Watching wetlands from the sky
A recent flyover of Wadena County by local conservation officials will help locate wetland violations and educate land owners, according to Molly Costin, Wadena Soil and Water district technician.
Costin and Tom Pfingsten, Minnesota Department of Natural Resources conservation officer pilot, performed the flyover in search of wetlands that have been disturbed.
Minnesota is striving for no net loss of wetlands, Pfingsten said. Searching for wetland and water impacts during the flyovers is part of that goal.
The flyovers started in earnest last year, he said. Previously, DNR officials looked for impacts while flying on other missions.
This is the first time Wadena County has been observed this way, he said. The county has a lot of wetlands and there had been quite a few impacts in the limited area of the county he and Costin covered.
During the trip Costin observed where soil had been disturbed in wetlands, she said. Due to the sandy soil in Wadena, areas of land that have been dug up or disturbed appear lighter, making them identifiable from the air.
"I'd say there's going to be 20 or more [possible violations] that I need to research," Costin said about her findings.
Over the next couple of weeks Costin or a local conservation officer will contact landowners who have potential violations, she said. The landowners will have a chance to explain the project they're working on.
"It may not be a violation," she said. "We need to figure that out first."
Some of the potential violation sites will have to be "ground-truthed," she said. "From the air it might look different than what it is on the ground."
In addition to locating violations, the flyover serves as an educational tool, Costin said.
"A lot of times, even if it isn't a violation, it's nice to talk to the landowners so they understand the process they're supposed to go through to get approval for a project like that," she said.
The number one thing landowners need to do is just talk to her, she said.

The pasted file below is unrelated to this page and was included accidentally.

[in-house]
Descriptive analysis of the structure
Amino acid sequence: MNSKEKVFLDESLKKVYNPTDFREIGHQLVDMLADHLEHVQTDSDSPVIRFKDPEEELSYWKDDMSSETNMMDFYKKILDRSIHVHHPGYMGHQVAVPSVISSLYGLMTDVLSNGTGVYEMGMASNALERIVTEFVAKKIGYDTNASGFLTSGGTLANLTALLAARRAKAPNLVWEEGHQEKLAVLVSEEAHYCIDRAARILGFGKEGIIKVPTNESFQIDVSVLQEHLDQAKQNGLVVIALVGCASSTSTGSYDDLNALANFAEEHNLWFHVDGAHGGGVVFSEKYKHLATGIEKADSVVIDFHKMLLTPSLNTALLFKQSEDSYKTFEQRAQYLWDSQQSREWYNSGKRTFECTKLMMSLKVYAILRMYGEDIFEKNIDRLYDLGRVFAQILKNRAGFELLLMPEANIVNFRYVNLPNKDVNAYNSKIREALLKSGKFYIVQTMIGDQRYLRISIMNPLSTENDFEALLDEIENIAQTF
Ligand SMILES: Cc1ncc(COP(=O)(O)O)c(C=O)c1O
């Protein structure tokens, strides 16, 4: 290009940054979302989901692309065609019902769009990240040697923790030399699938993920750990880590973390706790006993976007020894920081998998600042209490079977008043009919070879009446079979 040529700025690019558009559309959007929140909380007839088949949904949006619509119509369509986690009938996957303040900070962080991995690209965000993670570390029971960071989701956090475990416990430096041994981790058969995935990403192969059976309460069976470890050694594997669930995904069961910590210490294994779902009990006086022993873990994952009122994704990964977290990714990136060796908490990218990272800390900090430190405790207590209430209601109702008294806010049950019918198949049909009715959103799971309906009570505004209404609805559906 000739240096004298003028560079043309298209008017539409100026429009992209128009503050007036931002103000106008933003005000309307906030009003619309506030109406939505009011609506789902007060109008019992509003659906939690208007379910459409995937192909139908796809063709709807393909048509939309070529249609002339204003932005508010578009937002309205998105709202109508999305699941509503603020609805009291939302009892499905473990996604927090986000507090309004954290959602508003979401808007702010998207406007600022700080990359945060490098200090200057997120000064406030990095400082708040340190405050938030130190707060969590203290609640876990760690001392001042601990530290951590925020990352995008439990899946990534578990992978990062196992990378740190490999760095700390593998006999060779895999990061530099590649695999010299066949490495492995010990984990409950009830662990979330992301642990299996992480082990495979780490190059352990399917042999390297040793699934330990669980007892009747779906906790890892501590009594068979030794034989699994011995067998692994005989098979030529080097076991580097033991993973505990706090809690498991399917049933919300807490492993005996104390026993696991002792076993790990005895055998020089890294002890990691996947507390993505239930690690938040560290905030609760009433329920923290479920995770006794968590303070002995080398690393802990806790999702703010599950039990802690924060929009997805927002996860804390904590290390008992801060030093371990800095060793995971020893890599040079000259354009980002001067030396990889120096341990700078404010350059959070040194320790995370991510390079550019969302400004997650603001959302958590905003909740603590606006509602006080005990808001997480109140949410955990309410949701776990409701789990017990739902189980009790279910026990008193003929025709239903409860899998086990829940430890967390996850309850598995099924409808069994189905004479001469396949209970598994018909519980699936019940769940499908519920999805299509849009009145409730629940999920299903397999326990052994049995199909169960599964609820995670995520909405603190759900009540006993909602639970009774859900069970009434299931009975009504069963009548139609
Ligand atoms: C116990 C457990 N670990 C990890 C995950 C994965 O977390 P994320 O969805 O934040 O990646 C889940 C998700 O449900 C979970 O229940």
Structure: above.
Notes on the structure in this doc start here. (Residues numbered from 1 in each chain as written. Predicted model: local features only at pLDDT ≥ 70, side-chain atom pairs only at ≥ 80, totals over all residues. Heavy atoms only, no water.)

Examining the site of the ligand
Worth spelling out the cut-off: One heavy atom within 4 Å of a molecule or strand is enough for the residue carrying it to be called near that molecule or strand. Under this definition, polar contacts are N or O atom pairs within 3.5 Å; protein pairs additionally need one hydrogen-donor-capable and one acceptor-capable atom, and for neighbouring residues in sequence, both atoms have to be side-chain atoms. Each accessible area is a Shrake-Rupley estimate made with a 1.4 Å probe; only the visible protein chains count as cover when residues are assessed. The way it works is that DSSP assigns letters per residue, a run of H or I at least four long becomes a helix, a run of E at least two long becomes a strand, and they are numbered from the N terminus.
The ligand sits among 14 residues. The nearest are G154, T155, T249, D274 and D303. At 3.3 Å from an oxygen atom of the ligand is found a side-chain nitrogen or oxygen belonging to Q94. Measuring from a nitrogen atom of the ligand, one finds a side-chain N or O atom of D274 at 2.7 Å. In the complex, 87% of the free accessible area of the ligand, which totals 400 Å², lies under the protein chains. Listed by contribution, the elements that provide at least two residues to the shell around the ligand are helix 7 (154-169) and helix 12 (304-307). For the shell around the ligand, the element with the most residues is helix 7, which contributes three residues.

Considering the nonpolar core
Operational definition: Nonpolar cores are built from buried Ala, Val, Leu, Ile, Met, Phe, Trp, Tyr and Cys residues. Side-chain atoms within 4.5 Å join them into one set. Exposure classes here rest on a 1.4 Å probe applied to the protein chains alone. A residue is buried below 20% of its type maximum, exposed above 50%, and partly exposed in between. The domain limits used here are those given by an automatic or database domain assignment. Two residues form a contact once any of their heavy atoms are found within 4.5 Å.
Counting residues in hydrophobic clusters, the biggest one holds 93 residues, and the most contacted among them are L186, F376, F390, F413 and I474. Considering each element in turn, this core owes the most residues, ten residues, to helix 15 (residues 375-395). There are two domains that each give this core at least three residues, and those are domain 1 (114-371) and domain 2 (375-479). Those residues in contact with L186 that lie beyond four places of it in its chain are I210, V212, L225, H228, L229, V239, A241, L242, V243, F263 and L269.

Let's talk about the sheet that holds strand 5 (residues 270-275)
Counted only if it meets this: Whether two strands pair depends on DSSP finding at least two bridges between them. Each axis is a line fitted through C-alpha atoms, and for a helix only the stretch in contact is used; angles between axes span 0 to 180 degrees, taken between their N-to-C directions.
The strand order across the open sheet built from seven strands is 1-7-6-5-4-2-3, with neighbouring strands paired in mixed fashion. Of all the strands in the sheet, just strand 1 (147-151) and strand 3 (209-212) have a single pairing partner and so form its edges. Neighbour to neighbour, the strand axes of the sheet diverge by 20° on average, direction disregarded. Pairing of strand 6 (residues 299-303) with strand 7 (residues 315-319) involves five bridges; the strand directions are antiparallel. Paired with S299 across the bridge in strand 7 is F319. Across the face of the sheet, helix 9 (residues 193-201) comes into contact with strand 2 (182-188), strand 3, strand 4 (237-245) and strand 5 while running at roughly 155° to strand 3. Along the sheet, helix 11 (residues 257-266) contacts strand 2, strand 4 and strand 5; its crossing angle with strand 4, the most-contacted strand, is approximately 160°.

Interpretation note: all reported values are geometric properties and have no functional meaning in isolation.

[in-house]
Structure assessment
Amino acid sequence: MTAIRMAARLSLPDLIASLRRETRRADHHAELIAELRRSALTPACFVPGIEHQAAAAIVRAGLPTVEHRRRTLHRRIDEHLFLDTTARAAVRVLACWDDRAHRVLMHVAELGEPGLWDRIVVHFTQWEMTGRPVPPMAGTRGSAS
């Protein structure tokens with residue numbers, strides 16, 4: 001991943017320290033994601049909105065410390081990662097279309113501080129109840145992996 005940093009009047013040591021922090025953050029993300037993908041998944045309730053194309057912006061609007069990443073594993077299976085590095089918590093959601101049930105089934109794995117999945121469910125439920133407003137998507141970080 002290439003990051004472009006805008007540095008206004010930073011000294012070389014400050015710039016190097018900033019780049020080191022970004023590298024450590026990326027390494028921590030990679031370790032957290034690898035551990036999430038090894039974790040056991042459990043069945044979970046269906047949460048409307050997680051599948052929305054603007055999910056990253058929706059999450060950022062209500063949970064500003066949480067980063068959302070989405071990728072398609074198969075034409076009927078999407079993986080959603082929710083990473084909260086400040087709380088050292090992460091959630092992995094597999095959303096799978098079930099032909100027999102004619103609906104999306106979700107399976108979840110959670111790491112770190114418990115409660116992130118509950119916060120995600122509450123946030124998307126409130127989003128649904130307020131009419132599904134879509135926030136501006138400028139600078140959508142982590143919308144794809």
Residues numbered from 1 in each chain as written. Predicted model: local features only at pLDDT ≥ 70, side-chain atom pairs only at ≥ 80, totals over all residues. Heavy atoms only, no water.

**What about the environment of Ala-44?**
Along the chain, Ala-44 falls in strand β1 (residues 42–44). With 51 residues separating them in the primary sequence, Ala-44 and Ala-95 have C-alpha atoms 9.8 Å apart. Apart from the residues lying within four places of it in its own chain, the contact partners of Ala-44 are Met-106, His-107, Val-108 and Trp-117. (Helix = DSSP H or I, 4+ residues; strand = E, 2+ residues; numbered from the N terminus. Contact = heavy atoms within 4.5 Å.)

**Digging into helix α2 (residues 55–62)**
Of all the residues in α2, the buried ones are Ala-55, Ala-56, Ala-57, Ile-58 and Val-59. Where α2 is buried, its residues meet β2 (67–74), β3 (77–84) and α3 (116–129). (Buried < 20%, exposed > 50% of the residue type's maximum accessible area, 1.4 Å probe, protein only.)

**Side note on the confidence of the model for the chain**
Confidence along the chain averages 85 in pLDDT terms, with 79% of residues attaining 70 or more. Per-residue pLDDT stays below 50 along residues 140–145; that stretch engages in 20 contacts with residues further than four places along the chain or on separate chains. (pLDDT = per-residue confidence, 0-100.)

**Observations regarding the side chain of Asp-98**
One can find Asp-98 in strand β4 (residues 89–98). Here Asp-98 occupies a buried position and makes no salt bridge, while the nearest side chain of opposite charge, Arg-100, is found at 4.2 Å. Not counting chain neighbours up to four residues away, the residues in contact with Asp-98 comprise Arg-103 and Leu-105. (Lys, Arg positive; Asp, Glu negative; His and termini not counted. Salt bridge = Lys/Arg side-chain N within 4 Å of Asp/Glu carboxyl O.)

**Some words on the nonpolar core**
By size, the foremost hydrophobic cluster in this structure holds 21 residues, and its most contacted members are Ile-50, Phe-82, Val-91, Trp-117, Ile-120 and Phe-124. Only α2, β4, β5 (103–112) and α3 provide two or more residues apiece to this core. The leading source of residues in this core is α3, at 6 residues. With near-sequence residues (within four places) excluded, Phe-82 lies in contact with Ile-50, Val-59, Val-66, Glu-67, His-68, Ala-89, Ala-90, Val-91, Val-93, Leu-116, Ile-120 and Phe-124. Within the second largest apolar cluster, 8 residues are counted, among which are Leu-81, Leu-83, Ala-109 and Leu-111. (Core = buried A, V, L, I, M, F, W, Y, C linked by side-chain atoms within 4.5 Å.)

Projects involving any soil that is moved in a wetland, whether it is fill or excavation, should be discussed with her before proceeding, she said. If people come in and describe the project they want to do she can use aerial photography or a site visit to determine the type of wetland involved and the exemption status.
"In most situations projects are OK'd," Costin said.
A technical evaluation panel consisting of members of the DNR, the U.S. Army Corps of Engineers and the Minnesota Board of Water and Soil Resources decide if the project meets exemption standards, she said.
Wadena County has greater than 80 percent of its natural wetlands remaining, she said. That means it's easier to obtain exemptions for projects here than it is in areas like southern Minnesota with less than 50 percent of its natural wetlands.
Compared to the rest of the state, Wadena County wetlands are doing well, Costin said. They are still declining, however.
Preserving wetlands is important because they help filter drinking water, assist with floodwater retention, supply wildlife habitat, reduce runoff and provide recreational opportunities for canoers and hunters, she said.
Costin works with the Wetland Conservation Act with the BWSR as overseer, she said. Wadena County is a delegated county so the SWCD handles most of the regulatory side.
Penalties for violations range from the issuance of a cease and desist order to more severe consequences. The harshest penalty requires landowners to restore the land to the way it was, she said.
The easiest thing for everyone involved is to talk to her before beginning a project, Costin said. It's more cost effective and generally creates a nicer atmosphere.
There are occasionally repeat offenders, she said. But most of the time people try to follow the process once they are aware of what it is.
"Wadena County has generally got really good people here," she said. "They want to do things right."